“Cool,” said Prince “is being able to hang with yourself.” As the exhibition My Name Is Prince, opening at London’s O2 on Friday, testifies, such self-love is easy if you’re Prince. Just look at the outfits. From paisley suits to black-and-white crop tops and an endless supply of satin shirts, the looks displayed here were almost as varied and category-defying as the sounds. Here are the items we would like to hang with.
The cloud suit
Prince – who was around 5’2” (157cm) tall – found a look that worked for him and stuck with it. The ruched trousers with buttons down the calves and slightly cropped jacket is a silhouette repeated across the 20 outfits here, from a paisley suit to a taffeta number the shade of a Quality Street Purple One. The prize is the cloud suit. Worn in the video for Raspberry Beret in 1985, this is Prince in his rococo period at the best psychedelic party that you have never been to. Others wear Prince-like suits and frilled blouses. He has a full face of makeup, beauty spots and a feather cut. The suit spells out what we all know: he’s so dreamy he is literally covered in clouds. That includes his feet. It was worn with matching boots.
The Purple Rain trench
If there is any item that is forever associated with Prince, it’s the purple trenchcoat, with studs on the left shoulder. Worn in a shiny version in 1983’s Little Red Corvette video, and a matt one on the cover of Dirty Mind and in the film Purple Rain, both are included here and will no doubt be studied by any fashionable visitor. Trenches are in for AW17 and Prince is a bona fide trench icon. Side note: while it was recently revealed that Prince’s actual favourite colour was orange, he chose purple for the regal connotations. “He told me he would call it Purple Rain because purple was the colour of royalty, and he thought of himself as musical majesty. And he was,” said Purple Rain costume designer, Louis Wells.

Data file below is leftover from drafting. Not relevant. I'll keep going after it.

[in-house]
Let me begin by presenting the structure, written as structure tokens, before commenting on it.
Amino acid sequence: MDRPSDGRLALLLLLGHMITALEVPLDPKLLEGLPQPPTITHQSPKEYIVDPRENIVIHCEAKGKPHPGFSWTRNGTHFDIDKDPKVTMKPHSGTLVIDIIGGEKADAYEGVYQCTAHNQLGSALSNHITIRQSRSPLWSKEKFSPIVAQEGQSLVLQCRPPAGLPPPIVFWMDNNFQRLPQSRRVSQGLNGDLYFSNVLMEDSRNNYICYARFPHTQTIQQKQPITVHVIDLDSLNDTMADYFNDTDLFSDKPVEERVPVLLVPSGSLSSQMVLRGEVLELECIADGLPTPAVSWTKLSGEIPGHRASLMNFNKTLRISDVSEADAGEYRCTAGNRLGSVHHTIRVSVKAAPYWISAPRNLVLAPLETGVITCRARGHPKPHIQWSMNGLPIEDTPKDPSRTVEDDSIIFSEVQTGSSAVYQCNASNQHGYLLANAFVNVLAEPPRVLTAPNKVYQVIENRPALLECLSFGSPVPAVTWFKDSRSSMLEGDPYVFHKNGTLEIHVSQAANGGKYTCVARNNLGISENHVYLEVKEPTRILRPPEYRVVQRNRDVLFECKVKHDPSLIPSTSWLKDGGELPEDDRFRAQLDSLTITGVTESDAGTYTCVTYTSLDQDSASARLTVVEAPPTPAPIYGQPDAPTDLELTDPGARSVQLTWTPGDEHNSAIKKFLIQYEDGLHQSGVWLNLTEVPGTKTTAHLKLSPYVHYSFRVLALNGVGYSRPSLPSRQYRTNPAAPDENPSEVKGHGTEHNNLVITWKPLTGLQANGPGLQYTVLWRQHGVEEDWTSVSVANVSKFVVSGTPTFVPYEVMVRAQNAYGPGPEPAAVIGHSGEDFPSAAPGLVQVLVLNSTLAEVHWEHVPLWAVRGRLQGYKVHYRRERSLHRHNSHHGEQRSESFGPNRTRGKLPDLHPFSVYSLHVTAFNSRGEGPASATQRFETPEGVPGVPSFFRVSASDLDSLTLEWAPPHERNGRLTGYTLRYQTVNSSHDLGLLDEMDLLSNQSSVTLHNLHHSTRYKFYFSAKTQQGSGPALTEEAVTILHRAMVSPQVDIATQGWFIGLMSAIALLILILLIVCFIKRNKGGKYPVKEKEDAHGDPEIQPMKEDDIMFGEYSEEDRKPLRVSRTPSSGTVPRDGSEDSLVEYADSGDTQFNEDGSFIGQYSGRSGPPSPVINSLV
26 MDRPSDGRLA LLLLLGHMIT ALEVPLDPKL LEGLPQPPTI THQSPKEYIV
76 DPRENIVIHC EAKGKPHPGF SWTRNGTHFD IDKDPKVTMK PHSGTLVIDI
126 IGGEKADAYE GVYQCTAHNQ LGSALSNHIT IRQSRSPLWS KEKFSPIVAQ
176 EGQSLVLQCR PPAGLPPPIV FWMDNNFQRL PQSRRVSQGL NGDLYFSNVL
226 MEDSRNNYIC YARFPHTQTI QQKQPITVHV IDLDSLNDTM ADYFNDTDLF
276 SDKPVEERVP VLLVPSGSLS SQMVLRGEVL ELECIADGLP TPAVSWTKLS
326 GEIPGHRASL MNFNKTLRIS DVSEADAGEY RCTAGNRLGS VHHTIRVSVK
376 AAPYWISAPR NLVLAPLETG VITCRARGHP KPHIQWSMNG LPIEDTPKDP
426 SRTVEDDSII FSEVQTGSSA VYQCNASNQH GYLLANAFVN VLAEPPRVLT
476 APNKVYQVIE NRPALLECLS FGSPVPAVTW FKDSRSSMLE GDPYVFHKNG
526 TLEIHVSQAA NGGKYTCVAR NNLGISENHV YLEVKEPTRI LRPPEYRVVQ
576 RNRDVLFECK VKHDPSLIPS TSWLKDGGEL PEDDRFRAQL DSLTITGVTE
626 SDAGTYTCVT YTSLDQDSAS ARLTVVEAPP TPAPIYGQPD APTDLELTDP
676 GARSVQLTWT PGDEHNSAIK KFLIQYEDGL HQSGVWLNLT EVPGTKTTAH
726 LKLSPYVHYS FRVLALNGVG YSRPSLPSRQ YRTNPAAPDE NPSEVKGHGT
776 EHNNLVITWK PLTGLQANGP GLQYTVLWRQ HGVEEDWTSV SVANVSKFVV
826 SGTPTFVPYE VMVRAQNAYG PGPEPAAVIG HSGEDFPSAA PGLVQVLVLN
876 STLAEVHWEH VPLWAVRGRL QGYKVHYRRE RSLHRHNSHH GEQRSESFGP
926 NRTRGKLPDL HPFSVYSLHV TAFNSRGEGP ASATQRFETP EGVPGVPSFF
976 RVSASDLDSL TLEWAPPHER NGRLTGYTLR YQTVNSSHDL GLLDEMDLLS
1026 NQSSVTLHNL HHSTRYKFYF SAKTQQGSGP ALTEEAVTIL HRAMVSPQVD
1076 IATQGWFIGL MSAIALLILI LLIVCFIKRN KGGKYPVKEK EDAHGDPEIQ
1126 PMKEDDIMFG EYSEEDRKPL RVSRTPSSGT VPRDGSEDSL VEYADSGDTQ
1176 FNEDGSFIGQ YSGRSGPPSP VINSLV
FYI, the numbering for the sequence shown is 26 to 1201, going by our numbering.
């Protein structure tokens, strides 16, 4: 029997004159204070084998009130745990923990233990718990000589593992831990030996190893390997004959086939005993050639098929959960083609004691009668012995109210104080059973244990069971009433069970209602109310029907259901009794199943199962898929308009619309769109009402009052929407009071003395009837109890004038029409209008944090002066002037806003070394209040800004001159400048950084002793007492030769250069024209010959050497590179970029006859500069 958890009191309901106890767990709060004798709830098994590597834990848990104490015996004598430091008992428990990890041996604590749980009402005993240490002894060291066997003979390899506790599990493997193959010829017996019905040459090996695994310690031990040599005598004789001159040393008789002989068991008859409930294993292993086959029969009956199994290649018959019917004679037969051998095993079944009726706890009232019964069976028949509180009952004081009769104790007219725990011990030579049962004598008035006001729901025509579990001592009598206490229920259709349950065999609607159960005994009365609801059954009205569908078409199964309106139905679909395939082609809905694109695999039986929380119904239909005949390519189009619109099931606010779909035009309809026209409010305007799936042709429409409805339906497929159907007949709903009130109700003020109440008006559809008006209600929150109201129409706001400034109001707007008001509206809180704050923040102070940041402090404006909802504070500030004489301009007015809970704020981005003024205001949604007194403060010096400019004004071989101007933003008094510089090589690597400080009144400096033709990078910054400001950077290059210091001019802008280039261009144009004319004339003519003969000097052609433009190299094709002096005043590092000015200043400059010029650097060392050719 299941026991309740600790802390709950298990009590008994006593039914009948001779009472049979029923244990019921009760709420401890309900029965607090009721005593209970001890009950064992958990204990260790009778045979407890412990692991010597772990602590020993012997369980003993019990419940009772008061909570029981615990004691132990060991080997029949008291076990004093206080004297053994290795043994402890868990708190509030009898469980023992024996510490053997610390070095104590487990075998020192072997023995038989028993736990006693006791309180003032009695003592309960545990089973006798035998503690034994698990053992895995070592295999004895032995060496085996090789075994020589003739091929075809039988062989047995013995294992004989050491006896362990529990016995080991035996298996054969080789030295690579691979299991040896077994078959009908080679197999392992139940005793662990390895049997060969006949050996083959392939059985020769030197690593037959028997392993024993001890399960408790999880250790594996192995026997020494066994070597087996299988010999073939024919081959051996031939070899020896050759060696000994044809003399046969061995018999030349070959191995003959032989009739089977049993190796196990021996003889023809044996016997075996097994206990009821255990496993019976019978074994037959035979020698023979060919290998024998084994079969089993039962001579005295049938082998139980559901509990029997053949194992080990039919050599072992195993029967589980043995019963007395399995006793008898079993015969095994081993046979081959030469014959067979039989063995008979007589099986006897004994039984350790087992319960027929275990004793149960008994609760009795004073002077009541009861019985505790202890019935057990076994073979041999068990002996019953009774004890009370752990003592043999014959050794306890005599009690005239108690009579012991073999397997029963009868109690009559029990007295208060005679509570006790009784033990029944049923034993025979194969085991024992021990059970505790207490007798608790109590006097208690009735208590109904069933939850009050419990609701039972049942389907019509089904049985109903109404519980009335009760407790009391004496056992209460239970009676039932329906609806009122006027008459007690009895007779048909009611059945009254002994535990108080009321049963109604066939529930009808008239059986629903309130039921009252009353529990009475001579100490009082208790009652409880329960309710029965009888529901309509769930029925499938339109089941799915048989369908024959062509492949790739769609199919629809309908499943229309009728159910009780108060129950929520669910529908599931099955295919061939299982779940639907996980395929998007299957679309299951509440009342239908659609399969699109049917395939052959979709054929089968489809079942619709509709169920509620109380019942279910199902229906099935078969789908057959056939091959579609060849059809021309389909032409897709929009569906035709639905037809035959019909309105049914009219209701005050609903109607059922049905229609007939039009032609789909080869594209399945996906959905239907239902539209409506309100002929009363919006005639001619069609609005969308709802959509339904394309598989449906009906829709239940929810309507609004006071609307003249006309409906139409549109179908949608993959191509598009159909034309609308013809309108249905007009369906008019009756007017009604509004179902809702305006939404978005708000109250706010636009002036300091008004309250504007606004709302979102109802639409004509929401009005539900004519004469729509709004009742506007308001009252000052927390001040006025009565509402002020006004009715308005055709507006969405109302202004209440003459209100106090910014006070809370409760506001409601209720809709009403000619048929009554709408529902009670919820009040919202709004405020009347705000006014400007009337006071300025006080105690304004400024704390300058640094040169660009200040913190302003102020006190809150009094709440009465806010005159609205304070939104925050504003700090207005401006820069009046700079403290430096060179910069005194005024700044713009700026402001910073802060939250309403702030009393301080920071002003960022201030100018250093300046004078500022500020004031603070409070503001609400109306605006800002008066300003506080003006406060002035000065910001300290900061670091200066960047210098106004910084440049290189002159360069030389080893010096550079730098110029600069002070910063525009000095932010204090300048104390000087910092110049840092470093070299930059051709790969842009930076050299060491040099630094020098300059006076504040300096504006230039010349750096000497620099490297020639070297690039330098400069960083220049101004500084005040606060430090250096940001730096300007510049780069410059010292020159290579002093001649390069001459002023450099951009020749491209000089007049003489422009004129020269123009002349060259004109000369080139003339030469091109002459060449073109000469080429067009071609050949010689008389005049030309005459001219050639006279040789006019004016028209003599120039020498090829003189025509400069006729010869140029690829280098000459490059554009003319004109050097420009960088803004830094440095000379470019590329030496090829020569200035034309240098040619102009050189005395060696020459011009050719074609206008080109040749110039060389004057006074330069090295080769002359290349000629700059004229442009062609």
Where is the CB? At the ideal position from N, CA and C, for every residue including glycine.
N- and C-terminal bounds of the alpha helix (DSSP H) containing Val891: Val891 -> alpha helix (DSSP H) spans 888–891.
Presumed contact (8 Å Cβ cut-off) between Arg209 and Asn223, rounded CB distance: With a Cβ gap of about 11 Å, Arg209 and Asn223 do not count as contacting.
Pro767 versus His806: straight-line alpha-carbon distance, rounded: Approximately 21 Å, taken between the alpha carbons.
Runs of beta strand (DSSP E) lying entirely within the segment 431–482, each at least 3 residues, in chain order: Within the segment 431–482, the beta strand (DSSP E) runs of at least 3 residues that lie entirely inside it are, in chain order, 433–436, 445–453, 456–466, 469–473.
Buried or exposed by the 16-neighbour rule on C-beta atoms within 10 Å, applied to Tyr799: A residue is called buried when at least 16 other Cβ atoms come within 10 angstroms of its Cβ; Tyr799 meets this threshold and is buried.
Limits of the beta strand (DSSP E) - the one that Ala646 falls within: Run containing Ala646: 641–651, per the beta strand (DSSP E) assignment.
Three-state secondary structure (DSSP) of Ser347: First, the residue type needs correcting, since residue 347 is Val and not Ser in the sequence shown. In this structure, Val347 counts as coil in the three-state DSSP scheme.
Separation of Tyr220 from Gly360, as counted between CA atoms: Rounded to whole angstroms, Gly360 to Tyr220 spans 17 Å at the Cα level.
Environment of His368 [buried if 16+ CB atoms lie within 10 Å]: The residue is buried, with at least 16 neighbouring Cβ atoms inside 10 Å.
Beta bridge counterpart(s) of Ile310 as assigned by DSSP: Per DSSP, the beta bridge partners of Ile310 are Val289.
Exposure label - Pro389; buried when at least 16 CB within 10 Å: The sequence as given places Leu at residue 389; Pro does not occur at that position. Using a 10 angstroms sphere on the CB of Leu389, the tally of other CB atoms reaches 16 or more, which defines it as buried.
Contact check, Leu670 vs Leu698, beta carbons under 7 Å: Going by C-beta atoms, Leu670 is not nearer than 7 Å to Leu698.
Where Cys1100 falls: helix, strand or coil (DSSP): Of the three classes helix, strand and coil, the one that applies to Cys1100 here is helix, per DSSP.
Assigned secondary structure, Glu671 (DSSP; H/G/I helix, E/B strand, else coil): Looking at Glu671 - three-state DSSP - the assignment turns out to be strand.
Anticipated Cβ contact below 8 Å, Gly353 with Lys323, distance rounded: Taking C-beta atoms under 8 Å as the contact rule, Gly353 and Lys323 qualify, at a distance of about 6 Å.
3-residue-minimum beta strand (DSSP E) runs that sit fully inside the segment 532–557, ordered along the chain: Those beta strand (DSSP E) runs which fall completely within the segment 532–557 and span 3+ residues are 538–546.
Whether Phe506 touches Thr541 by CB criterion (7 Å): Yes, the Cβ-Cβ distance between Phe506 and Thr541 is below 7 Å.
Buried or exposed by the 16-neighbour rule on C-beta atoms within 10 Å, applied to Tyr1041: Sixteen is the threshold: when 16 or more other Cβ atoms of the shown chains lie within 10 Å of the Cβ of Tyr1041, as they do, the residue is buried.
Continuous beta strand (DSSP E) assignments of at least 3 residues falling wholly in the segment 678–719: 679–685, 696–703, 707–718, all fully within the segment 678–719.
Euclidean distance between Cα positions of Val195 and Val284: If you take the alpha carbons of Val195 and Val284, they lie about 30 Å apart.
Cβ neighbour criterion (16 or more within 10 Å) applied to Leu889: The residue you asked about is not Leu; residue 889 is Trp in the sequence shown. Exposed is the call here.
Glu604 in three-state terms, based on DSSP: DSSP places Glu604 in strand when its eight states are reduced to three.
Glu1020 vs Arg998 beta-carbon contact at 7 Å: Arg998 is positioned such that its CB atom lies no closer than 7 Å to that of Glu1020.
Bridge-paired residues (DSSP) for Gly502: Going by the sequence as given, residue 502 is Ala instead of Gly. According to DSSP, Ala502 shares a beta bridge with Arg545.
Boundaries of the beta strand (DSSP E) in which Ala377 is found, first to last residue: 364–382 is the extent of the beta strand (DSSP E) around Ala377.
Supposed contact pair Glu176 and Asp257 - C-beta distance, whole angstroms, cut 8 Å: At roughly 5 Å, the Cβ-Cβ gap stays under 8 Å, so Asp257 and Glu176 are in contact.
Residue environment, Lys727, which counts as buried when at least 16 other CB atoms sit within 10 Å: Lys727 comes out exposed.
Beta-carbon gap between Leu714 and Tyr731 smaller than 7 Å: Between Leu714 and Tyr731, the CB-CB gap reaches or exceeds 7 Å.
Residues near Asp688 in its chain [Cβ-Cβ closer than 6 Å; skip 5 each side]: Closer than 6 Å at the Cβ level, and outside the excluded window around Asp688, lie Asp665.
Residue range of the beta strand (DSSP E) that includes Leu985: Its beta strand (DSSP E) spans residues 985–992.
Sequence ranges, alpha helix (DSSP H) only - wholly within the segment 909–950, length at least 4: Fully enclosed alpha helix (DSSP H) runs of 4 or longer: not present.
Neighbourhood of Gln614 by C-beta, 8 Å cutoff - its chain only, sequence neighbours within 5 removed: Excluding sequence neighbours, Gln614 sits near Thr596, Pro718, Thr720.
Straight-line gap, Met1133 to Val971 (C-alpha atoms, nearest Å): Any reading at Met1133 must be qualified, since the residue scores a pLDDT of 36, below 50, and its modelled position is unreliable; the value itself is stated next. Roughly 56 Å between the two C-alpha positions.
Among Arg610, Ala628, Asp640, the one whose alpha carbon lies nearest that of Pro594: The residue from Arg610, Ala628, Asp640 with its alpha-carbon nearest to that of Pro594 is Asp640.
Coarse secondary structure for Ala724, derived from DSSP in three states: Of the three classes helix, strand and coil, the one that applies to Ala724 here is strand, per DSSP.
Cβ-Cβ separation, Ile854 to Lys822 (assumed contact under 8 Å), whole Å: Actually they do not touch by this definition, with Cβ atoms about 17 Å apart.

The Batdance look
By the time Prince did the soundtrack to Batman in 1989, high-production videos were standard for a man who was by now a blue – or should that be purple? Or orange? – chip superstar. This effort, for a song that became Prince’s fourth No 1, features him as one of a number of dancers wearing purple, orange and green suits, with their faces half-Joker and half-Batman. This character was known as Gemini – a nod to Prince’s own star sign. The suit featured here shows a change in silhouette. Moving away from the cropped jacket and frills, this is Prince doing power-dressing, also seen on the Sign o’ the Times tour.
Prince wore high-heeled boots pretty consistently throughout his career, so there’s loads of them here, most with a very respectable heel height of around 80mm. One cabinet displays 12 different pairs, all part of a tour wardrobe found at Paisley Park, his recording studio complex. Said heels might have been a signature, but they have been blamed for the hip problems that Prince suffered in later life. His guitarist, Dez Dickerson – also a heel wearer – was quoted as saying: “We’d even play basketball in high-heeled shoes.” Prince was a talented basketball player, as anyone who has seen Charlie Murphy’s True Hollywood Stories can testify.
The crystal cane
Never the kind to mellow, Prince continued to boss fashion until the end. His latterday look featured gold sequin tunics, sunglasses with three lenses and a return to the afro he had as a teenager in Minneapolis. It added up to a kind of haute-70s woke look before “woke” became a proper term – Prince was, typically, ahead of the curve. He even styled out his need to use a cane: his was covered with crystals and came with his symbol stamped into the top. It gives Beau Brummell, another cane icon, serious shade.